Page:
Risks Are Too Great Not to Endorse Iran Deal | Commentary
Nine of our former congressional colleagues joined us last week in announcing our support for the international weapons agreement between the P5+1 nations and Iran. In a full-page ad in The New York Times, we wrote that the joint comprehensive plan of action halts the immediate threat of a nuclear-armed Iran. Rejecting the deal is unlikely to lead to stronger restrictions on the Iranian nuclear program, but would instead leave Iran within two to three months of developing a nuclear weapon.
The 11 of us pointed to Treasury Secretary Jacob J. Lew who has said, the suggestion that a “better deal” can now be obtained “is a dangerous fantasy.”
In our collective declaration of support we noted that under this agreement, the core of Iran’s plutonium reactor at Arak will be removed and filled with concrete, and 98 percent of Iran’s enriched uranium stockpile will be eliminated. Military options also remain on the table should Iran violate the agreement.
In the letter we acknowledge — along with former Sen. Carl Levin and former members of Congress Tony Beilenson, Barney Frank, Sam Gejdenson, Paul Hodes, Elizabeth Holtzman, Steve Kagen, Abner Mikva and Steve Rothman — that many nuclear experts and former military and intelligence officials in both the U.S. and Israel also back this agreement. More than 70 nuclear experts called for approval of the Iran nuclear deal citing it as “strong, long-term and verifiable.”
Three dozen retired U.S. generals and admirals also signed a letter calling the deal “the most effective means currently available to prevent Iran from obtaining nuclear weapons.” Gaining international support for military action against Iran, should that ever become necessary, “would only be possible if we have first given the diplomatic path a chance,” they said. Top Israeli military and intelligence leaders, including dozens of Israeli generals, also have expressed similar assessments, and called for an Israeli policy to “renew the trust between and enhance the political and security cooperation with the U.S.”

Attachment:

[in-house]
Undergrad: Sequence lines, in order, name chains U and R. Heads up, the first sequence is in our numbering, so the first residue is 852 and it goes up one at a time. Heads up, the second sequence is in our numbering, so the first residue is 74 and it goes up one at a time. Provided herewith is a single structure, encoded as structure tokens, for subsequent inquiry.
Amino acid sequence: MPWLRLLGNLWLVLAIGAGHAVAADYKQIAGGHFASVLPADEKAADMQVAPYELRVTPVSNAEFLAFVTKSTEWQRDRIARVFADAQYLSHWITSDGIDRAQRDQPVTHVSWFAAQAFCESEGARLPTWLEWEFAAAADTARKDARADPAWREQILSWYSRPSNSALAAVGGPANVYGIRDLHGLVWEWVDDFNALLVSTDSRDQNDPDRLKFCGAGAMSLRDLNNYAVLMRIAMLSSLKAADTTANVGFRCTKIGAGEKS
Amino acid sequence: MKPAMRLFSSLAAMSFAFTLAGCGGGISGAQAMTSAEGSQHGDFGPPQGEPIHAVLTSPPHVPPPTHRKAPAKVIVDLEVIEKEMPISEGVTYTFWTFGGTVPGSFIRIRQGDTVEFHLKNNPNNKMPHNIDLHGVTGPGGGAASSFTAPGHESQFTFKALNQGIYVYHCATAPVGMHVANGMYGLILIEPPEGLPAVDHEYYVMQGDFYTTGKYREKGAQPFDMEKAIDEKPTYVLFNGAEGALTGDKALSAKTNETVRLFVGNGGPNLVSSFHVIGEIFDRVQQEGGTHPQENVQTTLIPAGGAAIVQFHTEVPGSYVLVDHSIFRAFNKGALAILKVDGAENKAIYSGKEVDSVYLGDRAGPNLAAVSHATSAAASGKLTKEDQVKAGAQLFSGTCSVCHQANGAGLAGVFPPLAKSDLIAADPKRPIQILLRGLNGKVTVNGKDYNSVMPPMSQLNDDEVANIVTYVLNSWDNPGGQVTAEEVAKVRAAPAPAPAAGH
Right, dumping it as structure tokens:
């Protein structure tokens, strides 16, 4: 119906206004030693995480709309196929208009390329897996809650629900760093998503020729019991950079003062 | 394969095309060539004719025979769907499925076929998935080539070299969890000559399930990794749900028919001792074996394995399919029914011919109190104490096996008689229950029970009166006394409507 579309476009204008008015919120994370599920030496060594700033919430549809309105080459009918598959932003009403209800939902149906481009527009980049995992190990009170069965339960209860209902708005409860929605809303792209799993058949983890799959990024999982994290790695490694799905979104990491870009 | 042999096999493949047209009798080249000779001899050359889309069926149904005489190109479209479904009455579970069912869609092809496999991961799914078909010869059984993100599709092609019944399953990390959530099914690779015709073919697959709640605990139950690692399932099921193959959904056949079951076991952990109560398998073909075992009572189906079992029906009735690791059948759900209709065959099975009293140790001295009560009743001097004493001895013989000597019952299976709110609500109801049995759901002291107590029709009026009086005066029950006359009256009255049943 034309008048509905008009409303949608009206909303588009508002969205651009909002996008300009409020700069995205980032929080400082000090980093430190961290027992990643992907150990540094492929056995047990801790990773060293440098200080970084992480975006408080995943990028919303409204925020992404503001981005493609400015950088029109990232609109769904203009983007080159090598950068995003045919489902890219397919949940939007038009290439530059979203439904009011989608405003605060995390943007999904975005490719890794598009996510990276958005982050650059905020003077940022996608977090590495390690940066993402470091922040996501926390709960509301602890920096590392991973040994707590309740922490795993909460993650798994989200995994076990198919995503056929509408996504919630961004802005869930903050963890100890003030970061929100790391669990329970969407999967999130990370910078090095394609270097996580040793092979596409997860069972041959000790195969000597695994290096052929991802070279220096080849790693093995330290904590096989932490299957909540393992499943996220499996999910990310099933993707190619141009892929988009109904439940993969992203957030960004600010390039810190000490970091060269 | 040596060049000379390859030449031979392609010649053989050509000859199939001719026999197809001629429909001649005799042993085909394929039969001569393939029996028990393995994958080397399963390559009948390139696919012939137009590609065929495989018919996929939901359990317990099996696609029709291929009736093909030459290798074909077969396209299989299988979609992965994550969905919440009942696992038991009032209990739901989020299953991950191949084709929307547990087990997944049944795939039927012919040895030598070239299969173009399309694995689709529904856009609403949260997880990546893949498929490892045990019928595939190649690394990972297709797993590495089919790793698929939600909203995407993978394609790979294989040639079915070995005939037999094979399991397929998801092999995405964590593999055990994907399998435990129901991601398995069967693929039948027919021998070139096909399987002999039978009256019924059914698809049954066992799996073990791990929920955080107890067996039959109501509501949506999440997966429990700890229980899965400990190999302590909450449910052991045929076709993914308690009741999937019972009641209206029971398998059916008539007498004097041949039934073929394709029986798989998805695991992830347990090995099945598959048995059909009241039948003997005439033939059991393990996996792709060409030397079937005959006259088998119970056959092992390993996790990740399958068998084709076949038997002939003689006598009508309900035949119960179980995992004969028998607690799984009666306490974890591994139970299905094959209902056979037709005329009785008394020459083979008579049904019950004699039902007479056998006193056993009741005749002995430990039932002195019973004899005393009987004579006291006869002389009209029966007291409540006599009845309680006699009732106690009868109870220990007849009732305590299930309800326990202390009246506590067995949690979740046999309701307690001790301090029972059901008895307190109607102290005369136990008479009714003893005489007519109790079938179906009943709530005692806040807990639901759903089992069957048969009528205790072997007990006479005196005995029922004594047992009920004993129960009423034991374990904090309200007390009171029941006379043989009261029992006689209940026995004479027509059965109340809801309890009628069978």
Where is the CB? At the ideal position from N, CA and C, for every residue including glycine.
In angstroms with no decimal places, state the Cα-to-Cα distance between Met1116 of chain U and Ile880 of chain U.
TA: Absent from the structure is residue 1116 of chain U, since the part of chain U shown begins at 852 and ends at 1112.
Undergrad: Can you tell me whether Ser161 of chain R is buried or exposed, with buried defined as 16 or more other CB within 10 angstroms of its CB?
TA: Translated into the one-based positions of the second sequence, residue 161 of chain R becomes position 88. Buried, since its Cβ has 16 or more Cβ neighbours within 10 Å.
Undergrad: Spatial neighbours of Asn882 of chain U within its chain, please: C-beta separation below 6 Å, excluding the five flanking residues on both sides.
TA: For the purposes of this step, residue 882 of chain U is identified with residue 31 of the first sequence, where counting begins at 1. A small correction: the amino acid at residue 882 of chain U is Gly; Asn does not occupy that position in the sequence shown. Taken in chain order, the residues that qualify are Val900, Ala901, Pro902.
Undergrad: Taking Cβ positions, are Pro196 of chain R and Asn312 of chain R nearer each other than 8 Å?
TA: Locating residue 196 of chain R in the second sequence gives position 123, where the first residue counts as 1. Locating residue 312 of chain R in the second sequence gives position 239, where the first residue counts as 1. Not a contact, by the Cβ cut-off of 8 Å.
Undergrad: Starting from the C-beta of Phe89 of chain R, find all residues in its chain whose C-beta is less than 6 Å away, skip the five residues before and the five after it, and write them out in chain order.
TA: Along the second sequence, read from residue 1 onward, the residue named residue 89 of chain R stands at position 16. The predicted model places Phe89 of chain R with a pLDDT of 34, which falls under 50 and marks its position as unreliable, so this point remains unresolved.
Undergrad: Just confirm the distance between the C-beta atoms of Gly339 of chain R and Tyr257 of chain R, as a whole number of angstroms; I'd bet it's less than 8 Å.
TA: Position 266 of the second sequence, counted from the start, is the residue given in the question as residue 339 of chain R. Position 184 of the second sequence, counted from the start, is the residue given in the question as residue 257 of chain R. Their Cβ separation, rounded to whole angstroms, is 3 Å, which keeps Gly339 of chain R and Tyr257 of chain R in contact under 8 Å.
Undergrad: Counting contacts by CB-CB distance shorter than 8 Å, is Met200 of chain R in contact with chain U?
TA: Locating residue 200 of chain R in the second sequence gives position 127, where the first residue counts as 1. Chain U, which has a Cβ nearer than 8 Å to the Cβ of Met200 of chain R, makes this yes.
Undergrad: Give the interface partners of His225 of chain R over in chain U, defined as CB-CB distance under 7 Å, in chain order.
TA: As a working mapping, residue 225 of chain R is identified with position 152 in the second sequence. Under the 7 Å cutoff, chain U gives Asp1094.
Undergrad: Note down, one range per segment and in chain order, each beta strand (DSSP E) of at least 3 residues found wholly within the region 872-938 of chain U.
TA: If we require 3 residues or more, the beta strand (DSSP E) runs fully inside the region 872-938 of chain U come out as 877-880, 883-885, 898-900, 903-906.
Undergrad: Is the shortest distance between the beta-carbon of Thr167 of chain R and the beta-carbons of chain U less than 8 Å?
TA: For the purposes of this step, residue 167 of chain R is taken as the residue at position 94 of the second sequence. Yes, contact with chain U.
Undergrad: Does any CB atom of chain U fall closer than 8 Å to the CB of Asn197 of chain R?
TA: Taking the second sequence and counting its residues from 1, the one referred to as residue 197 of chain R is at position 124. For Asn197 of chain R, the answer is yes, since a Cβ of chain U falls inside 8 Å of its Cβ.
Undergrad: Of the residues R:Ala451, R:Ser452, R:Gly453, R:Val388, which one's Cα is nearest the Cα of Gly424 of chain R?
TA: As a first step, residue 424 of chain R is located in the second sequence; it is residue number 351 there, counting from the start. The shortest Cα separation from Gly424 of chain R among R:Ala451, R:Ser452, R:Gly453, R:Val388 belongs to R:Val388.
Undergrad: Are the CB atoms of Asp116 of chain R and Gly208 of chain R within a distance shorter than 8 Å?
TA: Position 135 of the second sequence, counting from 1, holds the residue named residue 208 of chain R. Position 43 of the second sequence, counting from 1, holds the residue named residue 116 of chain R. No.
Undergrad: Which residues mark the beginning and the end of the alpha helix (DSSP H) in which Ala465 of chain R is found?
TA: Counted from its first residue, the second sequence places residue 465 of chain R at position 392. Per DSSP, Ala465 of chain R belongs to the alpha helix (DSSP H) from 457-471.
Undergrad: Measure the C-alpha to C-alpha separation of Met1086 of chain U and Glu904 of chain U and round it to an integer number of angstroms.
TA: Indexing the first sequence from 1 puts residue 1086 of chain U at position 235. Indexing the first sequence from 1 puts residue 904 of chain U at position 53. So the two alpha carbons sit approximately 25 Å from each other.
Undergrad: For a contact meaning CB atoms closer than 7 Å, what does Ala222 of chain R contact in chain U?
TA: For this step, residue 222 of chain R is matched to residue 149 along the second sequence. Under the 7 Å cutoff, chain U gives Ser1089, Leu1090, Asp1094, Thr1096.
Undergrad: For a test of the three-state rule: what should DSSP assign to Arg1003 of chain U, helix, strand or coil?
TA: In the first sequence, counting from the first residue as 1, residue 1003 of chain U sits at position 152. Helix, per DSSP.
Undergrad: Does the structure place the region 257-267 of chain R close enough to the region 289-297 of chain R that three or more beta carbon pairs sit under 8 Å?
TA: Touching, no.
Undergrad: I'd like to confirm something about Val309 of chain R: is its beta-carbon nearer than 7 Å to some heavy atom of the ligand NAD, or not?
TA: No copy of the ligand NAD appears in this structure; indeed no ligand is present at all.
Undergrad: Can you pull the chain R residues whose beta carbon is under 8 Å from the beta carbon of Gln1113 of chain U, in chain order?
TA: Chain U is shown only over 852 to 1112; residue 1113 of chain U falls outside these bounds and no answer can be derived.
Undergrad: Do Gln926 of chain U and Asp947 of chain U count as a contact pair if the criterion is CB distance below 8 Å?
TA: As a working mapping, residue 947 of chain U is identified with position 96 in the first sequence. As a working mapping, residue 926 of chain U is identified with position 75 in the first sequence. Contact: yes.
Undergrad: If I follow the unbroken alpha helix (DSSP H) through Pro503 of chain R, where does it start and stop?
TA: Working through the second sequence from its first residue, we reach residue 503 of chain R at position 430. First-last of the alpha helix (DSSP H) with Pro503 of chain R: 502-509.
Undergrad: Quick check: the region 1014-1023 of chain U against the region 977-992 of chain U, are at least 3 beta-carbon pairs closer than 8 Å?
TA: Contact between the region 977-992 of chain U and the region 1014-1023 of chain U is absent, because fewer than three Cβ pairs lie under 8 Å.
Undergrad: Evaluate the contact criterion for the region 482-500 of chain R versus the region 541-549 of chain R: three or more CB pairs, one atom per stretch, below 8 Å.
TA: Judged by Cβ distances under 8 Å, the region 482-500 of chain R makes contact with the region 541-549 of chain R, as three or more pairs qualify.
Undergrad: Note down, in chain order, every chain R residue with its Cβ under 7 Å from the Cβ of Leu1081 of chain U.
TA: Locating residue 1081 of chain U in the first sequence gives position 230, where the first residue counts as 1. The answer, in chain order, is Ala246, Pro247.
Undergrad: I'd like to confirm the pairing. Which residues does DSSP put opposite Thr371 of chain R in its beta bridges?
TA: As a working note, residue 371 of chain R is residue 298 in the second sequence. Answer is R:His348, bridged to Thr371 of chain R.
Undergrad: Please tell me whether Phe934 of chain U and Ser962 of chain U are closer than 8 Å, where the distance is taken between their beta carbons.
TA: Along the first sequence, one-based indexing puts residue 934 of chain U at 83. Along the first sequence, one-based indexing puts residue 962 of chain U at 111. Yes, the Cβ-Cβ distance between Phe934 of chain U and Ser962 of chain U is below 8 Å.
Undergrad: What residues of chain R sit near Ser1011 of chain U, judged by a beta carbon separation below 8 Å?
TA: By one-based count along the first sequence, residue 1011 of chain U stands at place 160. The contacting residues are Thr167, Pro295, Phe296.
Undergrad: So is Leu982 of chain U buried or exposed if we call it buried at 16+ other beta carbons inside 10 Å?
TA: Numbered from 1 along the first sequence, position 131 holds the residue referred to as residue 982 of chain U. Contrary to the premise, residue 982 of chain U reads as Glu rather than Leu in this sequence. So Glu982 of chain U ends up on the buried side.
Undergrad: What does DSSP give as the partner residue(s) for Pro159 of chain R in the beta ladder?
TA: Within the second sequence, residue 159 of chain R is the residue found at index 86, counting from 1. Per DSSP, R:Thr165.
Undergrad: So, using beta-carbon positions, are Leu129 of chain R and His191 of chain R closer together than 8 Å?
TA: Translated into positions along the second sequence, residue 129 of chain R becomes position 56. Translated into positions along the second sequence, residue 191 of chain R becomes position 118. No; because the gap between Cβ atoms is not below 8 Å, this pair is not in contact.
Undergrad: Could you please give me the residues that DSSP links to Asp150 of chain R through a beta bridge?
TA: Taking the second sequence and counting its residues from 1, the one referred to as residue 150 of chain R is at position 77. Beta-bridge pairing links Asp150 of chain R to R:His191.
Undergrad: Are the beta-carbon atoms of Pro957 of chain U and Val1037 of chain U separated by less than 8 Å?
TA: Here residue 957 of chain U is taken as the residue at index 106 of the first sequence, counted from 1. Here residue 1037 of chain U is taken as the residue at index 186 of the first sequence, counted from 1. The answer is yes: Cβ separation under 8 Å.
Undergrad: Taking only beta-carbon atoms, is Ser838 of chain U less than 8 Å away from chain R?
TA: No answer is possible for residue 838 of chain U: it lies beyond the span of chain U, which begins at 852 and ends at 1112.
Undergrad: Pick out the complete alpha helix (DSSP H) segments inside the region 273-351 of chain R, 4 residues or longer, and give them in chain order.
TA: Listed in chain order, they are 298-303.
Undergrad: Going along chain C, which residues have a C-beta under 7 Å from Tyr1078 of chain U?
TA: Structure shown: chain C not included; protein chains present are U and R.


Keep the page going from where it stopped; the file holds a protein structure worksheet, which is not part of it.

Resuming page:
Hundreds of American rabbis and more than two dozen of the top Jewish communal leaders of the past few decades also spoke out in support.
Absent this agreement with Iran, the United States’ capacity to closely monitor Iran’s program and detect covert nuclear weapons development will be severely weakened. With the deal, we gain unprecedented, intrusive inspections and around-the-clock monitoring of Iran’s entire nuclear supply chain.
The accord also establishes a powerful snapback mechanism that allows the United States to unilaterally re-impose sanctions if Iran cheats. As our former colleague Rahm Emanuel of Illinois put it: “The alternatives are being the only country standing with a set of sanctions when every international partner that you built painstakingly walks away.”
Former Rep. Jane Harman of California also said, “This deal doesn’t assume that we live in the best of all possible worlds. Instead, it keeps one eye fixed on the doomsday scenario. And in that case, effective diplomacy will have laid the groundwork for effective use of force.”
As members of Congress, those of us who signed the ad championed the U.S.-Israel alliance, unwaveringly supported Israel, led or co-sponsored every major piece of legislation to strengthen the U.S.-Israel relationship and stood at the forefront of every major piece of sanction law designed to halt Iran’s pursuit of nuclear weapons. We remain deeply committed to Israel’s security and survival and continue to work vigorously to strengthen the U.S.-Israel relationship.
The international agreement with Iran is the best available option to prevent Iran from achieving a nuclear weapon. We urge Congress to support the deal.
Robert Wexler served as a Democrat in the House of Representatives from Florida from 1997 to 2010, and is now president of the S. Daniel Abraham Center for Middle East Peace. Mel Levine was a Democratic member of Congress from California from 1983 to 1993 and is now a member of the board of directors of the Pacific Council on International Policy.